Protease, or proteinases as they are also called, are a digestive enzyme group which break the peptide bonds in the protein in the foods we eat to liberate the amino acids needed by the body. This process is accomplished through hydrolysis, which literally means “chemical combination of water with a salt to form an acid and a base; dissolution of a bond by reaction with water”.1 Protease comes together with hydrochloric acid to break down large protein molecules, which in turn allows your small intestine to absorb the individual amino acids through the walls and into your bloodstream.

What Are Amino Acids Used For?
Like a jeweler might take pearls from a strand on a necklace to create a pearl bracelet, your body, following genetic instructions, takes the separate amino acids and strings them back together into the proteins it needs, such as enzymes and hormones which regulate bodily functions and activate vitamins and other nutrients. Some chains will be short, like the bracelet. Others are long and complex, and fold over and over themselves, like origami. It’s the ultimate in recycling!

Essential , Non-Essential, and Conditional Amino Acids


Twenty or so amino acids are required for human life to exist. Your body can produce some on its own but others it needs to obtain solely from the foods we eat. Amino acids which cannot be created by our bodies are classified as essential. All the others are classified as either non-essential or conditional (not essential, but still necessary). To view the complete list, CLICK HERE. Because the body doesn’t store amino acids, as it does fats or carbohydrates, it needs a daily supply of amino acids to make new proteins.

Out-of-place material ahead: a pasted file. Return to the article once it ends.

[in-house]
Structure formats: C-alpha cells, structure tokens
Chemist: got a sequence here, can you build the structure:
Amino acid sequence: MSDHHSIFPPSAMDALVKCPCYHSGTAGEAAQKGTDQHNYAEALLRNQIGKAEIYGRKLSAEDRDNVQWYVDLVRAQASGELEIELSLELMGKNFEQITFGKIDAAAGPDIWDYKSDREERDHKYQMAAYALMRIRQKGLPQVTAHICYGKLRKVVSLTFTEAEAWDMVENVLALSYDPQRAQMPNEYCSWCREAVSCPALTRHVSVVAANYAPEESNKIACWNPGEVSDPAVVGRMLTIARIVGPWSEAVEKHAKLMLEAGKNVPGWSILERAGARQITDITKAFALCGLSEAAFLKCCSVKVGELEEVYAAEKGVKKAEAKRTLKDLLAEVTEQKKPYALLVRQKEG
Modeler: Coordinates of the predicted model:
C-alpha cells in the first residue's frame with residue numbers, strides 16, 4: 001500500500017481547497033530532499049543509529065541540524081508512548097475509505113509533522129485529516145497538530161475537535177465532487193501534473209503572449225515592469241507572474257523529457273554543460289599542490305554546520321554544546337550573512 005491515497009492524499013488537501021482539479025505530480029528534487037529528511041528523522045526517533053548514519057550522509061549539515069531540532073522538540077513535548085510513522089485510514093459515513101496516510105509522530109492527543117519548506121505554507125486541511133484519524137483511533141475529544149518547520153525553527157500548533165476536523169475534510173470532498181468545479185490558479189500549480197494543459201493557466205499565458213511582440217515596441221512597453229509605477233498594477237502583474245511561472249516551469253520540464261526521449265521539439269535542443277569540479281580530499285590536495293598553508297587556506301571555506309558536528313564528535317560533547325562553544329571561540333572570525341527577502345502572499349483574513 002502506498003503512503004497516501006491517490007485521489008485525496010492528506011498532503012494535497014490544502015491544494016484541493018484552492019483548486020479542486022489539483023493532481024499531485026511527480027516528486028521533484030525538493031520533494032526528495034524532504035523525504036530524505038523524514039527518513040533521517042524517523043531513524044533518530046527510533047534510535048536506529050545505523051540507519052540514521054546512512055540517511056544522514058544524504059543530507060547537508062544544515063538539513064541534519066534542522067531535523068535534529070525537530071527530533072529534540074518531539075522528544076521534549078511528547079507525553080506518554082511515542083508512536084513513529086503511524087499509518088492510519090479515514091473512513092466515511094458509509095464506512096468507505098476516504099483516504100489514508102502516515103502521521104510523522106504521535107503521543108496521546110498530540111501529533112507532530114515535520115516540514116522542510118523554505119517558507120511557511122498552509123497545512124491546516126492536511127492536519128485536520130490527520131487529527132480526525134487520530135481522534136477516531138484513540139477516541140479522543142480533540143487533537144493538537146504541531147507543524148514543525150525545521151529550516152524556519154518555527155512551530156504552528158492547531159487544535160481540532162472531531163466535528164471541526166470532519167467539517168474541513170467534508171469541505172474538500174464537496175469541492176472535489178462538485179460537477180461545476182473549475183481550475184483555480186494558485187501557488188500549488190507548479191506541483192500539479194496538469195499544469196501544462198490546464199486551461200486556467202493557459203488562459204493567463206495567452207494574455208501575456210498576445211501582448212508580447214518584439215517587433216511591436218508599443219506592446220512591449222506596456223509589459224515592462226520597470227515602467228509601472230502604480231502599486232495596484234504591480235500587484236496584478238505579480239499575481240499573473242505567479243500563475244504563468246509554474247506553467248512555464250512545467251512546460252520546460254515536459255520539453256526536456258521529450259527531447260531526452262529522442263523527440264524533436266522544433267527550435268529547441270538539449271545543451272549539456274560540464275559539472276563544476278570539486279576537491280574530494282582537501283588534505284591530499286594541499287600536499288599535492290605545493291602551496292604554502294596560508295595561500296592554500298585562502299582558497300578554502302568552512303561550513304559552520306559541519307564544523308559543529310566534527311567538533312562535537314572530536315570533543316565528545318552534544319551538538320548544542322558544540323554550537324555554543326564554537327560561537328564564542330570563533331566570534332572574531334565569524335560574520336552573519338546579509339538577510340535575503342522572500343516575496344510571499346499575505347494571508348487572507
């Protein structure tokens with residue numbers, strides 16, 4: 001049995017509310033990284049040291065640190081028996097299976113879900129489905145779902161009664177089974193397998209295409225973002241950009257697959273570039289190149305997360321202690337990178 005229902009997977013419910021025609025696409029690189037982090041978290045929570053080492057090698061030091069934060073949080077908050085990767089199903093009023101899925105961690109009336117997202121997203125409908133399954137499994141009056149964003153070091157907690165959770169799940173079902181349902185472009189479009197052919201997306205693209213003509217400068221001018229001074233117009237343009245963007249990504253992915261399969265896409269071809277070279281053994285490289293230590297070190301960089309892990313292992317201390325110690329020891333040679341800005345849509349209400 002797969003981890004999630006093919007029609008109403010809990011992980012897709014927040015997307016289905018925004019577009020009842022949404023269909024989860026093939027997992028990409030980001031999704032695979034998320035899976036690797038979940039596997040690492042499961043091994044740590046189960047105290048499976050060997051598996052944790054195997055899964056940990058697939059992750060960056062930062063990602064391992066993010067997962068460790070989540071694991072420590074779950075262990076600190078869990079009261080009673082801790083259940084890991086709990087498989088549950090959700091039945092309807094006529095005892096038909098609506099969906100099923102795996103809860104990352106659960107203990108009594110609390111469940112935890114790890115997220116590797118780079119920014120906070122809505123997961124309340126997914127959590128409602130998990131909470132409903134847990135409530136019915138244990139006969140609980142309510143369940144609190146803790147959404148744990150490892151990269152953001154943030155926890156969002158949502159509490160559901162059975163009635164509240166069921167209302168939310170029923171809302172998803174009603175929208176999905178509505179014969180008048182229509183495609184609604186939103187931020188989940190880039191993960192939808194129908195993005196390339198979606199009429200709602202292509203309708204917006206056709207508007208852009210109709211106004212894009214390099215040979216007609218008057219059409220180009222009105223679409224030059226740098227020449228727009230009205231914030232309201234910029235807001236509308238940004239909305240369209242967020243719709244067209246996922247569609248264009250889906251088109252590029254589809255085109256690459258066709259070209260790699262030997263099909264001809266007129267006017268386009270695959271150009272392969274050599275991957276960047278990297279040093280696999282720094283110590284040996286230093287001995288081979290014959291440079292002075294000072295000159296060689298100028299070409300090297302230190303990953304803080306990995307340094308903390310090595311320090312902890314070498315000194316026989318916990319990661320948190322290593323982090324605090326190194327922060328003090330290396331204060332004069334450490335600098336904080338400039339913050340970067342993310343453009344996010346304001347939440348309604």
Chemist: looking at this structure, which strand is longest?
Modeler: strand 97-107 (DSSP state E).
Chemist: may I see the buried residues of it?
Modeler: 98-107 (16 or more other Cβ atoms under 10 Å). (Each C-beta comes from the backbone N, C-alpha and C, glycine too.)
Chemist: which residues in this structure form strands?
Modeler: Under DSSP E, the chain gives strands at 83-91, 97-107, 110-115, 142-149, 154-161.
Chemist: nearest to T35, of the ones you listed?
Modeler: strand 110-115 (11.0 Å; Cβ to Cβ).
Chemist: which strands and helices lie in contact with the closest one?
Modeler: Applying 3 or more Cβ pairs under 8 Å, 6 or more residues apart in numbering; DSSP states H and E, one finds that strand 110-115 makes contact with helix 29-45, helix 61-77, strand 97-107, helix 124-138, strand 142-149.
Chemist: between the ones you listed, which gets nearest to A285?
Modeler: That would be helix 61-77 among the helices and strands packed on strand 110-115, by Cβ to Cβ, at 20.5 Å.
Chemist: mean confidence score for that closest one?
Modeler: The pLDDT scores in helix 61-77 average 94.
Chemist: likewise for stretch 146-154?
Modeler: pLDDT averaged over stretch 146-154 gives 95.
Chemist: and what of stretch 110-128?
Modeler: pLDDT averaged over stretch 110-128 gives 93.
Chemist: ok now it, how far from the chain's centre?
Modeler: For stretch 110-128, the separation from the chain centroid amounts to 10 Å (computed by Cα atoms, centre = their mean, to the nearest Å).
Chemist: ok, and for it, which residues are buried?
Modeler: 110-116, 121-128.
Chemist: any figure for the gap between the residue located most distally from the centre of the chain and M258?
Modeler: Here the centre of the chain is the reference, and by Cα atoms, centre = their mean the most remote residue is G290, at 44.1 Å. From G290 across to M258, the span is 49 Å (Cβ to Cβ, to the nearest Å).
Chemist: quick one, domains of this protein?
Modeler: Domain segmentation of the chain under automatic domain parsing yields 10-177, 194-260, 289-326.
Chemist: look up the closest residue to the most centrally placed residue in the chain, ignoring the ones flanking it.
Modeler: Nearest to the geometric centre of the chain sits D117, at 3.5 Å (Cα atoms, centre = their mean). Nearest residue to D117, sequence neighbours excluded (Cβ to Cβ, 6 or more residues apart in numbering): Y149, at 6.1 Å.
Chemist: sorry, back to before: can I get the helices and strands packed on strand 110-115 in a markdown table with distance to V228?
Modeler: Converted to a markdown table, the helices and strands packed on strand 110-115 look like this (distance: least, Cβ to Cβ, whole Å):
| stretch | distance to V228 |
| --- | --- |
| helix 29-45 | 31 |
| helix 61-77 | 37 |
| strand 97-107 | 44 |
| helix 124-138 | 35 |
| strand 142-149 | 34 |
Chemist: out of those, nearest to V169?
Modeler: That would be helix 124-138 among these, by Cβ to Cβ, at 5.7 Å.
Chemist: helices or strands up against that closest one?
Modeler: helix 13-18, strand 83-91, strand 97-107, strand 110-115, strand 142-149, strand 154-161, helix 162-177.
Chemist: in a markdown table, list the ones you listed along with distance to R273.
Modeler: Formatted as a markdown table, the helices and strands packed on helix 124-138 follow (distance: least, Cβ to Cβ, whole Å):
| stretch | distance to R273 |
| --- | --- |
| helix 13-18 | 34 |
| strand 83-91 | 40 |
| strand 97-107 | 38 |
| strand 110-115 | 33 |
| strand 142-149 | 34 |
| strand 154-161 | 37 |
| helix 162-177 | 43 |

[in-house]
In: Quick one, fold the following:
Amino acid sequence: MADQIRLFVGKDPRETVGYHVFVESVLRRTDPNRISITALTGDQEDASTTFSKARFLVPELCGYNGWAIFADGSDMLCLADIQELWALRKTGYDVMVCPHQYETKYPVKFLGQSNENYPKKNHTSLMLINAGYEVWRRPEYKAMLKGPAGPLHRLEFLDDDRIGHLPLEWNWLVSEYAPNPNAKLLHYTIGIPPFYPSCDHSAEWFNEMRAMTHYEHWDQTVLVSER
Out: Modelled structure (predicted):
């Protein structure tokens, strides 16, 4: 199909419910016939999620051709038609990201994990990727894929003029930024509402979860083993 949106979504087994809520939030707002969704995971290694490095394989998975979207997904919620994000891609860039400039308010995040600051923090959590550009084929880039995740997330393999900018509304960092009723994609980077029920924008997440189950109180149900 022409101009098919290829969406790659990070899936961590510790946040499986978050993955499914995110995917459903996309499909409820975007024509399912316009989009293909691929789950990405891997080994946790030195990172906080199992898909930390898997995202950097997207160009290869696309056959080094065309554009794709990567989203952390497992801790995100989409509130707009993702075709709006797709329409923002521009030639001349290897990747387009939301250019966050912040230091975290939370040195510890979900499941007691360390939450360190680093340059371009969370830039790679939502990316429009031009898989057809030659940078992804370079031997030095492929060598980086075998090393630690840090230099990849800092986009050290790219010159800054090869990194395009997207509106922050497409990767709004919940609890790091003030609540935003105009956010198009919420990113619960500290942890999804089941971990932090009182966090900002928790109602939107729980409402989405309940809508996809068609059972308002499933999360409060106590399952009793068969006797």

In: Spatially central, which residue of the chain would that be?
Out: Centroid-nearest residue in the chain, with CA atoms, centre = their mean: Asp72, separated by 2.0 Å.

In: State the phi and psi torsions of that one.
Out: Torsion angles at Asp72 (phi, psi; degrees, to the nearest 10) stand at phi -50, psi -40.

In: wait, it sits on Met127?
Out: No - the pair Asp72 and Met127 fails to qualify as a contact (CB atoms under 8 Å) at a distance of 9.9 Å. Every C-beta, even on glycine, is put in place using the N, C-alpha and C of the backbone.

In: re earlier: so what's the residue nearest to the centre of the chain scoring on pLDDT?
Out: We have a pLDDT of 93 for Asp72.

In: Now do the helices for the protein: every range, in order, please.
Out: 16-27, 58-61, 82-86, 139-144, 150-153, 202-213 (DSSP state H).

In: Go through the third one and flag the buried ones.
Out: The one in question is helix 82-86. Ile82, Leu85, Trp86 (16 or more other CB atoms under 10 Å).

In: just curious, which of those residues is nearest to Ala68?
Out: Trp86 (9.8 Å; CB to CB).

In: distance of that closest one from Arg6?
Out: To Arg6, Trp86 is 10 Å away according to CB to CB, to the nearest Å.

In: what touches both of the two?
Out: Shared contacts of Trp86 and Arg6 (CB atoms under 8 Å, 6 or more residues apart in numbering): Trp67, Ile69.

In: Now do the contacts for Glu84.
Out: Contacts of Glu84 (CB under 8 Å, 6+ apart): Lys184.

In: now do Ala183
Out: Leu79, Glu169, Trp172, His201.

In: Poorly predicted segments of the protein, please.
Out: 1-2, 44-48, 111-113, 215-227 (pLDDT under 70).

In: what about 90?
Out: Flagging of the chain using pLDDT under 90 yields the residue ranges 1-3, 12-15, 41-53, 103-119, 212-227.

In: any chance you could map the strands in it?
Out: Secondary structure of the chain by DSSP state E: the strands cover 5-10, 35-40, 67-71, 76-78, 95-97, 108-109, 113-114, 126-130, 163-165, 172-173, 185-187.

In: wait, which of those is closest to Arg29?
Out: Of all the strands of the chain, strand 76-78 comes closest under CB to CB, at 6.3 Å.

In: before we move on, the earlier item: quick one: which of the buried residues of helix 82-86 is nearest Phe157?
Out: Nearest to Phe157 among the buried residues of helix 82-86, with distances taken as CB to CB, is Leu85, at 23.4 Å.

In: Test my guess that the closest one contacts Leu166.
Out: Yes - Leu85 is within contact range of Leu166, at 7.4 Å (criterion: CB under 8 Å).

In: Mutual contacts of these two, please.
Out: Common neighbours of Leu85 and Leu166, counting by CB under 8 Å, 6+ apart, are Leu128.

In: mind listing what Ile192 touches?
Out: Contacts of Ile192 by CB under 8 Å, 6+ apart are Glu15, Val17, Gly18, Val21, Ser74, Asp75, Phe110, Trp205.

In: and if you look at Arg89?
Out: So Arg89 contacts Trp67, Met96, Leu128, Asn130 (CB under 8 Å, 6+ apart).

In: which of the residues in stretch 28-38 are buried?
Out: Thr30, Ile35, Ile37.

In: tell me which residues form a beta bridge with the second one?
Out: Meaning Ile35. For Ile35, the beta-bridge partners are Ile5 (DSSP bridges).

Essential Amino Acids

Additional essential amino acids for infants and growing children include cysteine, tyrosine, and arginine.

Non-Essential Amino Acids


*Falling under the “conditionally essential” heading are the following – arginine, cysteine, asparagine, glycine, glutamine, histidine, proline, serine, tyrosine.

Now, I know you’re saying, “wait a minute here, how can one amino acid be on both lists”? Good question; here’s the answer…the term “conditionally essential” means they are not normally required in the diet but must be supplied to specific groups of people (usually people living with illnesses or chronic stress) that do not synthesize them in adequate amounts.


Rice and beans make a complete protein.
Complete and Incomplete Proteins 
Traditionally, foods were classified as either complete or incomplete proteins based on the amino acids they contained. However, now varying opinions in the health community on this definition blur the lines. A complete protein contains all the essential amino acids. Conversely, an incomplete protein lacks a few of the essential amino acids. Eating a wide variety of foods, or combining two foods which are, in themselves, incomplete to make a complete protein (such as rice and beans), is a way of ensuring your body gets what it needs every day.


Your Daily Protein Intake